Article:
Buried in the release of Ontario Power Generation’s 2006 financial results last Friday was an intriguing paragraph: “OPG is exploring the potential development of a gas-fuelled electricity generation station at its Lakeview site and is continuing with the decommissioning and demolition of the Lakeview coal-fired generating station.”

There is, as you might expect, a story behind this story and it sheds some light on how dysfunctional our electricity system has become over the past few years.

First, some background:

Ontario Power Generation, or OPG, is one of the successor companies that emerged when Ontario Hydro was broken into pieces in 1997. Still government owned, it runs all the old Ontario Hydro power plants, including the coal-fired facilities, which contribute to our air pollution and global warming and which the governing Liberals have promised to close.

In 2005, OPG’s Lakeview site, along Mississauga’s waterfront, became the first of the coal-fired plants to be closed.

But the Ontario Power Authority – an agency set up by the Liberals to plan for future electricity needs – says a replacement power source will be needed in the Mississauga area by the year 2011.

Hence, OPG’s interest in building a gas-fired plant on the old Lakeview site.

OPG has lined up a partner for the project – Enersource, the local electricity distributor, which is 90 per cent owned by the City of Mississauga and 10 per cent by Borealis, the infrastructure investment arm of OMERS (the municipal employees pension fund).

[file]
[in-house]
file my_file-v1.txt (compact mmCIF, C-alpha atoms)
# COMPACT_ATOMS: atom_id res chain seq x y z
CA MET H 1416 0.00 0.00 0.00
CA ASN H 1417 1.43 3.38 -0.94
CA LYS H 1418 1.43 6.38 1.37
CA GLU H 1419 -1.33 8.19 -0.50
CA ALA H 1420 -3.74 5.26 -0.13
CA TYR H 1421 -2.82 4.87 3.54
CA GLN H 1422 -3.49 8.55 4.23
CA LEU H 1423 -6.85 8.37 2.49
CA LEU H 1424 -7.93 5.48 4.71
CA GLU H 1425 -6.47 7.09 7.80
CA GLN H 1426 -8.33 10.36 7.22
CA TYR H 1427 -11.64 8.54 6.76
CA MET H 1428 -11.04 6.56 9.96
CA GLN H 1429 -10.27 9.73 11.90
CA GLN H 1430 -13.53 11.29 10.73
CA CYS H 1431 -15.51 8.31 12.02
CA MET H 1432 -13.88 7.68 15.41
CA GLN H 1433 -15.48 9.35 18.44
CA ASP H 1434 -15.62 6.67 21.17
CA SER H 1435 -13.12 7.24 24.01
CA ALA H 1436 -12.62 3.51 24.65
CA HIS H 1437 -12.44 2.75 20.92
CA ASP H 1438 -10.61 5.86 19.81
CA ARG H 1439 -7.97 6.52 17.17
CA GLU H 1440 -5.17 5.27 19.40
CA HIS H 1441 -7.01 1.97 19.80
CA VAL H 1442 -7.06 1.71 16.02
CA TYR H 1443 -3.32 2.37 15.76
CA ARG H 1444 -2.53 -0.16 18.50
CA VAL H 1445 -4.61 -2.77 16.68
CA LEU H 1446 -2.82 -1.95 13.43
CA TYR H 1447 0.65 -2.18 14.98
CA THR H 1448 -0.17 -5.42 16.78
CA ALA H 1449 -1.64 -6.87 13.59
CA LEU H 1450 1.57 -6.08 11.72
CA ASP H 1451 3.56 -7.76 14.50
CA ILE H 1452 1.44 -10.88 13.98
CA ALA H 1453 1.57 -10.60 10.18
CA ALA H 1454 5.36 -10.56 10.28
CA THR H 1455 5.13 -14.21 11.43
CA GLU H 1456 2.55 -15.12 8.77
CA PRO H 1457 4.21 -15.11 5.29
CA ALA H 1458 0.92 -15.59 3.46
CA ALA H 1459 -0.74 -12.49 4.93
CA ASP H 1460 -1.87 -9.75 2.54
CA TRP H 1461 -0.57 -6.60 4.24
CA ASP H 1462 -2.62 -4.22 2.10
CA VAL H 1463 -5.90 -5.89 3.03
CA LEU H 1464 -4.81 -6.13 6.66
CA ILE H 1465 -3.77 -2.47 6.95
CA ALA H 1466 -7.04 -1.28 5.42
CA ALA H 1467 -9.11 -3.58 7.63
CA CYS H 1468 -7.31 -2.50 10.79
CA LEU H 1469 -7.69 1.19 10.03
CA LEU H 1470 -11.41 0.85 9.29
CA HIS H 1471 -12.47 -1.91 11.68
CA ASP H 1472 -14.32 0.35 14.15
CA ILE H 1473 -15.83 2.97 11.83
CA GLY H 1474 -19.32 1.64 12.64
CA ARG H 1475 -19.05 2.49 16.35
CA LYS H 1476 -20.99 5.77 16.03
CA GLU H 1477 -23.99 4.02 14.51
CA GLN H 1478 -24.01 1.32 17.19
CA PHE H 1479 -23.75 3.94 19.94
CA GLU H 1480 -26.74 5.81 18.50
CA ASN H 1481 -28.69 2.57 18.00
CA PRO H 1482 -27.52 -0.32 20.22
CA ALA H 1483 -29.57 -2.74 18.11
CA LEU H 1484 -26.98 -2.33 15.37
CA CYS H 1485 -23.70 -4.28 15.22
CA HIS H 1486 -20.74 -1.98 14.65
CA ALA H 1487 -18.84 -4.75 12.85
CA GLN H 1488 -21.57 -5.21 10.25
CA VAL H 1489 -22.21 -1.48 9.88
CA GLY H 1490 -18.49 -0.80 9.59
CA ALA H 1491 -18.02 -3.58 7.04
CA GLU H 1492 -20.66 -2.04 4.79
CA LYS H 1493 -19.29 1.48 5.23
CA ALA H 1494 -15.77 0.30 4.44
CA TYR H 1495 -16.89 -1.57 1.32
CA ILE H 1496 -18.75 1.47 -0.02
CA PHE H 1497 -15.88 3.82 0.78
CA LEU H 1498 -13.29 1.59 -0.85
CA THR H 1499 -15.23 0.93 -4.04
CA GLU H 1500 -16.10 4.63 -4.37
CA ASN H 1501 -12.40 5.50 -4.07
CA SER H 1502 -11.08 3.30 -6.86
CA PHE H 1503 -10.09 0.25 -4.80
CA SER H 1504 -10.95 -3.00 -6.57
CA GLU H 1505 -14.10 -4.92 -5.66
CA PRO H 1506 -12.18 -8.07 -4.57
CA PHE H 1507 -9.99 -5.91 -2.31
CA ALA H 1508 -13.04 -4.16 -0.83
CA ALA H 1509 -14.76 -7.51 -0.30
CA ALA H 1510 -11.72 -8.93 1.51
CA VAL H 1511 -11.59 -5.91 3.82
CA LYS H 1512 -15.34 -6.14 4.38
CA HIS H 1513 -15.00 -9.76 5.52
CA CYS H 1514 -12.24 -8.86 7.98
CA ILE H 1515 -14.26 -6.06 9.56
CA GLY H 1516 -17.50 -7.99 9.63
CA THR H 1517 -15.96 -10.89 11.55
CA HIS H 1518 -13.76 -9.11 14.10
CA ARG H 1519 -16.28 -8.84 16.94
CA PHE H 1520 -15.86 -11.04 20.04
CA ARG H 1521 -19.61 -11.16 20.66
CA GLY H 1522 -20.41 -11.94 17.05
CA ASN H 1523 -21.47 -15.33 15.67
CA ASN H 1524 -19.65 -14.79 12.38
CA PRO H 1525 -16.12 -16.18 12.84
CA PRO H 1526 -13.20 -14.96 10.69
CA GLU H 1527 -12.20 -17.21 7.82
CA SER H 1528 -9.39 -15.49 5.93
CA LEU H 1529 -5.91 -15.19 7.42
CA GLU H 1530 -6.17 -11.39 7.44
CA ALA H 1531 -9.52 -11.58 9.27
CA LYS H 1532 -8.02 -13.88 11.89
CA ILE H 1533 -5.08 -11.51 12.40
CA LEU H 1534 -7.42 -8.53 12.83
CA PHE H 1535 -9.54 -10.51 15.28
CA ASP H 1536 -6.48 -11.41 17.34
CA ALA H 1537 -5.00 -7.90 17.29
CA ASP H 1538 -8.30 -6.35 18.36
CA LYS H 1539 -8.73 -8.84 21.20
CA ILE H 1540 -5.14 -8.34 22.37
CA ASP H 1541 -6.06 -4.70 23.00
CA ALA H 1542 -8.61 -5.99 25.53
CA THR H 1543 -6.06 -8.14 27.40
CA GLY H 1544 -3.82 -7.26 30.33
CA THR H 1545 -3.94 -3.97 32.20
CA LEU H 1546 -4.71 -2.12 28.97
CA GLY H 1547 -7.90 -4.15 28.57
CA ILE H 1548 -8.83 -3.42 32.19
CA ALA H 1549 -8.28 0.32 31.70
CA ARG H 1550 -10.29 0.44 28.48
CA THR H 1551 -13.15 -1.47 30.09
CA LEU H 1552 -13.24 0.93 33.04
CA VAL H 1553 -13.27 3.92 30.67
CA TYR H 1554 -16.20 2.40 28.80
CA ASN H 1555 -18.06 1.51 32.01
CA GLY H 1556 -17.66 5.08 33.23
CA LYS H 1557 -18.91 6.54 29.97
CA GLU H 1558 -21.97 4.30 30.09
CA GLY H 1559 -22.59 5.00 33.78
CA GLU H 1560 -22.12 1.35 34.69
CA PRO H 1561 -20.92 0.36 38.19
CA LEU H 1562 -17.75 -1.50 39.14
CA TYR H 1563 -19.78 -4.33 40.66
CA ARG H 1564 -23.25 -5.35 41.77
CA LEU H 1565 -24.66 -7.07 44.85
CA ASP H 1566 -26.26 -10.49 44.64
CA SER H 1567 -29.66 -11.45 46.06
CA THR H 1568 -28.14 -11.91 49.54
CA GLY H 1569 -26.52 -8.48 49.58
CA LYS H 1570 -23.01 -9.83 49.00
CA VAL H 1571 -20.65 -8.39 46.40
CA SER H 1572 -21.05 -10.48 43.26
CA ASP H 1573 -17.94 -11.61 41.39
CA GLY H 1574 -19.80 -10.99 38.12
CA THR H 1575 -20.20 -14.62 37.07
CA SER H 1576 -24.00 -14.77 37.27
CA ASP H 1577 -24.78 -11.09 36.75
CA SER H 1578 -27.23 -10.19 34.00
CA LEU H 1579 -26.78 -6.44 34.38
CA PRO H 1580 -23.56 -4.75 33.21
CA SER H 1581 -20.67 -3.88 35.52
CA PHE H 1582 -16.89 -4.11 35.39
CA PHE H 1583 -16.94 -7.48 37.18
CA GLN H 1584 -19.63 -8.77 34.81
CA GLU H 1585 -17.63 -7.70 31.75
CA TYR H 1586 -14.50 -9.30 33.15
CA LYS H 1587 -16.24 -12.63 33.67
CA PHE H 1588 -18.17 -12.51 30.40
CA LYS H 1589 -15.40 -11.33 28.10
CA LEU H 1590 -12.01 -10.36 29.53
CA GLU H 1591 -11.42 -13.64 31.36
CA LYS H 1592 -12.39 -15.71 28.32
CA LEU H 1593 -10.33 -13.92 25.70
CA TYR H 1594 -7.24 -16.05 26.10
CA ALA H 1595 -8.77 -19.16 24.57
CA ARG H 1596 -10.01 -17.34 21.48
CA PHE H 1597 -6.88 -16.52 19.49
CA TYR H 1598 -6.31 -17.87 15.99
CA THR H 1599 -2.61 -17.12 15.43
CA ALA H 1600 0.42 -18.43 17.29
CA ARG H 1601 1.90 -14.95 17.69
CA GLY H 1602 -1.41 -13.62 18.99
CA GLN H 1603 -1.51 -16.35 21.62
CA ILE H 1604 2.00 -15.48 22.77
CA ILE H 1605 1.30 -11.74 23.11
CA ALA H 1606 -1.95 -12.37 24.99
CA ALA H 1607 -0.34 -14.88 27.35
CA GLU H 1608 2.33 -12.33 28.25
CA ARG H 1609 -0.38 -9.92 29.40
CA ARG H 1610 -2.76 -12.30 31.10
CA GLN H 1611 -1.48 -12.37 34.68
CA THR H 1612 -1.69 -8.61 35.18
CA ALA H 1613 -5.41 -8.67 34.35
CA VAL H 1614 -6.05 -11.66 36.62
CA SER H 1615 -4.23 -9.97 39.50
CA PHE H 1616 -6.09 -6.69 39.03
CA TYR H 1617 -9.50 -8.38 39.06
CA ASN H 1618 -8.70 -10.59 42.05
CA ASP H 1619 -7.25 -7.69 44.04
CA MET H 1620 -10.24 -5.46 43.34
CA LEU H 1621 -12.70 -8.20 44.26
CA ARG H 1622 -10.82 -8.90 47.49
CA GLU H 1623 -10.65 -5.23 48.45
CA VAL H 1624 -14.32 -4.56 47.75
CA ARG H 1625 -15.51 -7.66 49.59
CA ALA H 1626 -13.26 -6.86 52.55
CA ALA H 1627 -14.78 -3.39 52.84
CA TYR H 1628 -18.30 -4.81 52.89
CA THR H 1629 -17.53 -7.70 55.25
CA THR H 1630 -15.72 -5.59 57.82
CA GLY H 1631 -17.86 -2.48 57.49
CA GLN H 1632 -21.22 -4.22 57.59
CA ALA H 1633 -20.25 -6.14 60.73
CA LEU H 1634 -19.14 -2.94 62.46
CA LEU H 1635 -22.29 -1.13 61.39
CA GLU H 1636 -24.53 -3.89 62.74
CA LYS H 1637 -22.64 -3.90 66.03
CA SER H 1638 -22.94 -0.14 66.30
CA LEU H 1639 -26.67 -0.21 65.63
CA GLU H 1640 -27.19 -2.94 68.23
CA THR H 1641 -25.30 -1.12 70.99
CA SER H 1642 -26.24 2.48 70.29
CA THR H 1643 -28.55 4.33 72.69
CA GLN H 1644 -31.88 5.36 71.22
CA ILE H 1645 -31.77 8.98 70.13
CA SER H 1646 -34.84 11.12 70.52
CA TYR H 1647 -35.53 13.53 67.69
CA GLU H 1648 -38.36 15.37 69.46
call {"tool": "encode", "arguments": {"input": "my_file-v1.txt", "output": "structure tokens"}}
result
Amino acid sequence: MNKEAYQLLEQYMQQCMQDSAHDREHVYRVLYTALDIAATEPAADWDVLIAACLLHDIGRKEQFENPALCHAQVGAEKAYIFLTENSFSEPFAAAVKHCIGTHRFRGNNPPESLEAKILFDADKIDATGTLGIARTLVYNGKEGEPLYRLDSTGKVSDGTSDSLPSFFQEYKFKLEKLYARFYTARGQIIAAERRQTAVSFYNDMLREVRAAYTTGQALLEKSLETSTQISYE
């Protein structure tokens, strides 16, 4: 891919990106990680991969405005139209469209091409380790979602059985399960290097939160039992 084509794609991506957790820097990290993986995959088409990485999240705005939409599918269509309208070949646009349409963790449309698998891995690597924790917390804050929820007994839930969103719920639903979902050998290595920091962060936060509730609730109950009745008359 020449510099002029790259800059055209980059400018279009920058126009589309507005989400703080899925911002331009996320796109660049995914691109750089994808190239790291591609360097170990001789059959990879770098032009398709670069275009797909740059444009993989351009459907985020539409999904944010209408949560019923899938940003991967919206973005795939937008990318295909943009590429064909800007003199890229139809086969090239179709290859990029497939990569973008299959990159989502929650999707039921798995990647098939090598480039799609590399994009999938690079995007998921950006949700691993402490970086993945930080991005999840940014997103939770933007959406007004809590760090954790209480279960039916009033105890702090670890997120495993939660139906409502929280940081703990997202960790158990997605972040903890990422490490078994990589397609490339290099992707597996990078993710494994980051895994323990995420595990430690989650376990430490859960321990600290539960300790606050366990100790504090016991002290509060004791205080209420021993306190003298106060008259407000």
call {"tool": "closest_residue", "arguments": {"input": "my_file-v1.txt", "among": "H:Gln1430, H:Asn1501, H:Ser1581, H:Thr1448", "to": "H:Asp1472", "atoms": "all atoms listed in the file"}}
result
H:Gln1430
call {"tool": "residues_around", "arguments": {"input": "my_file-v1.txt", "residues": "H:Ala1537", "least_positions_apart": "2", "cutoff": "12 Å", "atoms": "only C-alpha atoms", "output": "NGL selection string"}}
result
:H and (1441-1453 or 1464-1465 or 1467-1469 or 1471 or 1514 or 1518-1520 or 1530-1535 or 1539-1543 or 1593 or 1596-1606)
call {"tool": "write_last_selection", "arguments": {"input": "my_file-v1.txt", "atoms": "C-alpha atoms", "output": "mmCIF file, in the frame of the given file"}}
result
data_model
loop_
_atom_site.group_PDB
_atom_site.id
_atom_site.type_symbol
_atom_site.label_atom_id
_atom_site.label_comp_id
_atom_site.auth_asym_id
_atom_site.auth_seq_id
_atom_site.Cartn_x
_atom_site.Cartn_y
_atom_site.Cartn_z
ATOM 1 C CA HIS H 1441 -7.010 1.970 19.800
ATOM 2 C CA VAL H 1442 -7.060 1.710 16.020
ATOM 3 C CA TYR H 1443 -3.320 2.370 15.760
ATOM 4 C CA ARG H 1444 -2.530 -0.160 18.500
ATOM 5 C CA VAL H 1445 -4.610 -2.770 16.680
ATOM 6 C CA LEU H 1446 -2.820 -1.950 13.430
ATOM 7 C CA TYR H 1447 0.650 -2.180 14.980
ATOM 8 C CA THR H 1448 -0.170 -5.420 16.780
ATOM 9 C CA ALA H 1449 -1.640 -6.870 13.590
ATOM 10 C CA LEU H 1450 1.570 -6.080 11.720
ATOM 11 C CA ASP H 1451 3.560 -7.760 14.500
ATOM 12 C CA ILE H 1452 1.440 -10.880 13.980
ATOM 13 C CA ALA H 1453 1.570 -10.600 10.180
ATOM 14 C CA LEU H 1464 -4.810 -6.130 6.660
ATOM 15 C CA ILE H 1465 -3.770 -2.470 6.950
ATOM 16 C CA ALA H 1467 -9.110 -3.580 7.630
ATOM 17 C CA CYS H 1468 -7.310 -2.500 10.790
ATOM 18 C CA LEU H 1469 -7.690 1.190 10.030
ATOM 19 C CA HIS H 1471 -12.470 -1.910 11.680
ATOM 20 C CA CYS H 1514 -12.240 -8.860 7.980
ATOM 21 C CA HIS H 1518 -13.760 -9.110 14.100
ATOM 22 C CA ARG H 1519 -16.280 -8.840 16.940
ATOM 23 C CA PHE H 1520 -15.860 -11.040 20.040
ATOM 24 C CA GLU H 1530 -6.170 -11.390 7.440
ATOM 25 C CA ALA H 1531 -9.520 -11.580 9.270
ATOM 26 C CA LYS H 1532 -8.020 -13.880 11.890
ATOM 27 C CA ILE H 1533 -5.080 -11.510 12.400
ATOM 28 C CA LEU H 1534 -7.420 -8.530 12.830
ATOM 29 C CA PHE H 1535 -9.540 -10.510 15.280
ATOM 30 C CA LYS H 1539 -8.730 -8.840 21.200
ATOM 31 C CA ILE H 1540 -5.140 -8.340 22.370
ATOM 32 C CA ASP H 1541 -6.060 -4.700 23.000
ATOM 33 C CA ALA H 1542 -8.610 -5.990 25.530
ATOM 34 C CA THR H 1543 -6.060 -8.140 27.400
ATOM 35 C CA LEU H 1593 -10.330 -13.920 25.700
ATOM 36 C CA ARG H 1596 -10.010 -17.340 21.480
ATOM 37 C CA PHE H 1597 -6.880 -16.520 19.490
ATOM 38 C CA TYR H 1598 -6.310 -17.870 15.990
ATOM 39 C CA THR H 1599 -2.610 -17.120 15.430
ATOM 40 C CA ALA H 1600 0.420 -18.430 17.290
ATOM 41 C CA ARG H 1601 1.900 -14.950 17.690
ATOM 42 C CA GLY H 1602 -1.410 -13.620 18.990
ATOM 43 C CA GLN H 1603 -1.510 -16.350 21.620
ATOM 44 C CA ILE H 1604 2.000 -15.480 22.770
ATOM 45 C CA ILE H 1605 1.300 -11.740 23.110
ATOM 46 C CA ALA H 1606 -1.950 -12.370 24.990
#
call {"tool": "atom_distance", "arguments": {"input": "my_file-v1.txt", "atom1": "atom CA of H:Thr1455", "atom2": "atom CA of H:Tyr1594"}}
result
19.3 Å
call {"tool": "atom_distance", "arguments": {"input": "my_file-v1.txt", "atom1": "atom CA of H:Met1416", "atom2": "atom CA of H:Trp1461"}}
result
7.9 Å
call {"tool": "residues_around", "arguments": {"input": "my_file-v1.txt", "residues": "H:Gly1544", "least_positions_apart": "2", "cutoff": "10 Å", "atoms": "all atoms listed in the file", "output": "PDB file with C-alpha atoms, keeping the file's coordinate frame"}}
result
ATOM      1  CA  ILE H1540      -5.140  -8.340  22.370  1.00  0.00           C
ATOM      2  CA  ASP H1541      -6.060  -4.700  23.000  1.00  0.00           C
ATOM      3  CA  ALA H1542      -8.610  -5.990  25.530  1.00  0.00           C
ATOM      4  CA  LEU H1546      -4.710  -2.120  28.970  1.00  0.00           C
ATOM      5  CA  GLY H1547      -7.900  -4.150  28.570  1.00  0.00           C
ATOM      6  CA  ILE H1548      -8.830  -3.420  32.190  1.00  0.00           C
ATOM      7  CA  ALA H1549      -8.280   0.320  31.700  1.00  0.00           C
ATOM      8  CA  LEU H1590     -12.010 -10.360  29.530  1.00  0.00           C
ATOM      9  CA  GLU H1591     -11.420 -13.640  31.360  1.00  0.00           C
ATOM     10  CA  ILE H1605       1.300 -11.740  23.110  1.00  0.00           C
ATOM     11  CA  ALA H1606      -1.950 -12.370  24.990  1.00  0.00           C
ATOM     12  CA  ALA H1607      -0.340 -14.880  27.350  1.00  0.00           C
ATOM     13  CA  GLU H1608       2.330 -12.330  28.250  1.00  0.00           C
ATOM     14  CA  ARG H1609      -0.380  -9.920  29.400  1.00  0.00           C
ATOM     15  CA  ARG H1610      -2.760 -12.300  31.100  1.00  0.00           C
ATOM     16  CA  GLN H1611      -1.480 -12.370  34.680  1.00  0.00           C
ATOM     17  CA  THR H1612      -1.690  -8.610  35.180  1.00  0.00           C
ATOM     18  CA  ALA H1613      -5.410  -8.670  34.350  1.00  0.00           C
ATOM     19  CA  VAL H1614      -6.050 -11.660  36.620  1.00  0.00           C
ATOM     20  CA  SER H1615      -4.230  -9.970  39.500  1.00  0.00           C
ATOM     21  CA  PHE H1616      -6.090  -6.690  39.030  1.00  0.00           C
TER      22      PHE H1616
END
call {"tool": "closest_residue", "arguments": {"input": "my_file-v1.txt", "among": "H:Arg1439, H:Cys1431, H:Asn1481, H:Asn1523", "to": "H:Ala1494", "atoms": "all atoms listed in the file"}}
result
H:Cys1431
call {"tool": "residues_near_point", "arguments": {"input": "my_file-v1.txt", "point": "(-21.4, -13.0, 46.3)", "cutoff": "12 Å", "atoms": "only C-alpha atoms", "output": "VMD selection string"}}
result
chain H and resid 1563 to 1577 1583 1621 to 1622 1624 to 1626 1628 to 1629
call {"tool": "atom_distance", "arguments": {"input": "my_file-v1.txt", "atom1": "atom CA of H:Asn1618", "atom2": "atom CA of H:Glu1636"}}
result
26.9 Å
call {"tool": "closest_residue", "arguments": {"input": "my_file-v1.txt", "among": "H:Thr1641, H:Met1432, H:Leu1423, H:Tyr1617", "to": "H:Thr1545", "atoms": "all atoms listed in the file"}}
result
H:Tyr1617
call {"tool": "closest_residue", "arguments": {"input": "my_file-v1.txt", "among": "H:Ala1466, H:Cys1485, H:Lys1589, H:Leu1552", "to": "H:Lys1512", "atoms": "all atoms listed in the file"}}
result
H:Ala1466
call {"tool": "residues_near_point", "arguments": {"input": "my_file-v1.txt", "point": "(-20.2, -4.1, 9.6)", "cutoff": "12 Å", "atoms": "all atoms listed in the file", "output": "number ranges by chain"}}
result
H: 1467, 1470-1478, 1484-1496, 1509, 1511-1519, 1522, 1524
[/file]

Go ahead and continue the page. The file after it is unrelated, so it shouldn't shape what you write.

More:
Also reportedly backing the project is Hazel McCallion, Mississauga’s formidable mayor (although, uncharacteristically, she did not respond to requests for an interview for this column).

With such an array of backers and a province thirsty for more power, the Lakeview project would seem to be a sure thing.

But not so fast. The power authority wants a competitive process before making a decision on a new plant. In this respect, the authority insists it is just following government policy, although insiders suggest the authority harbours a bias against OPG and in favour of private-sector suppliers.

As it happens, there is at least one private-sector firm interested in building a new gas-fired power plant in south Mississauga – Sithe Global, which already has regulatory approval for a site called Southdown (on the east side of Winston Churchill Blvd., between Royal Windsor Dr. and Lakeshore Rd.)

And more private-sector suppliers might come forward if they were allowed to make bids based on the OPG-owned Lakeview site, as the power authority has apparently suggested – to vociferous objections from OPG.

In any event, the power authority says the competitive process won’t begin until next year. That will create a tight timetable, however, as the electricity is said to be needed by 2011, and it takes three years to build a new gas-fired facility.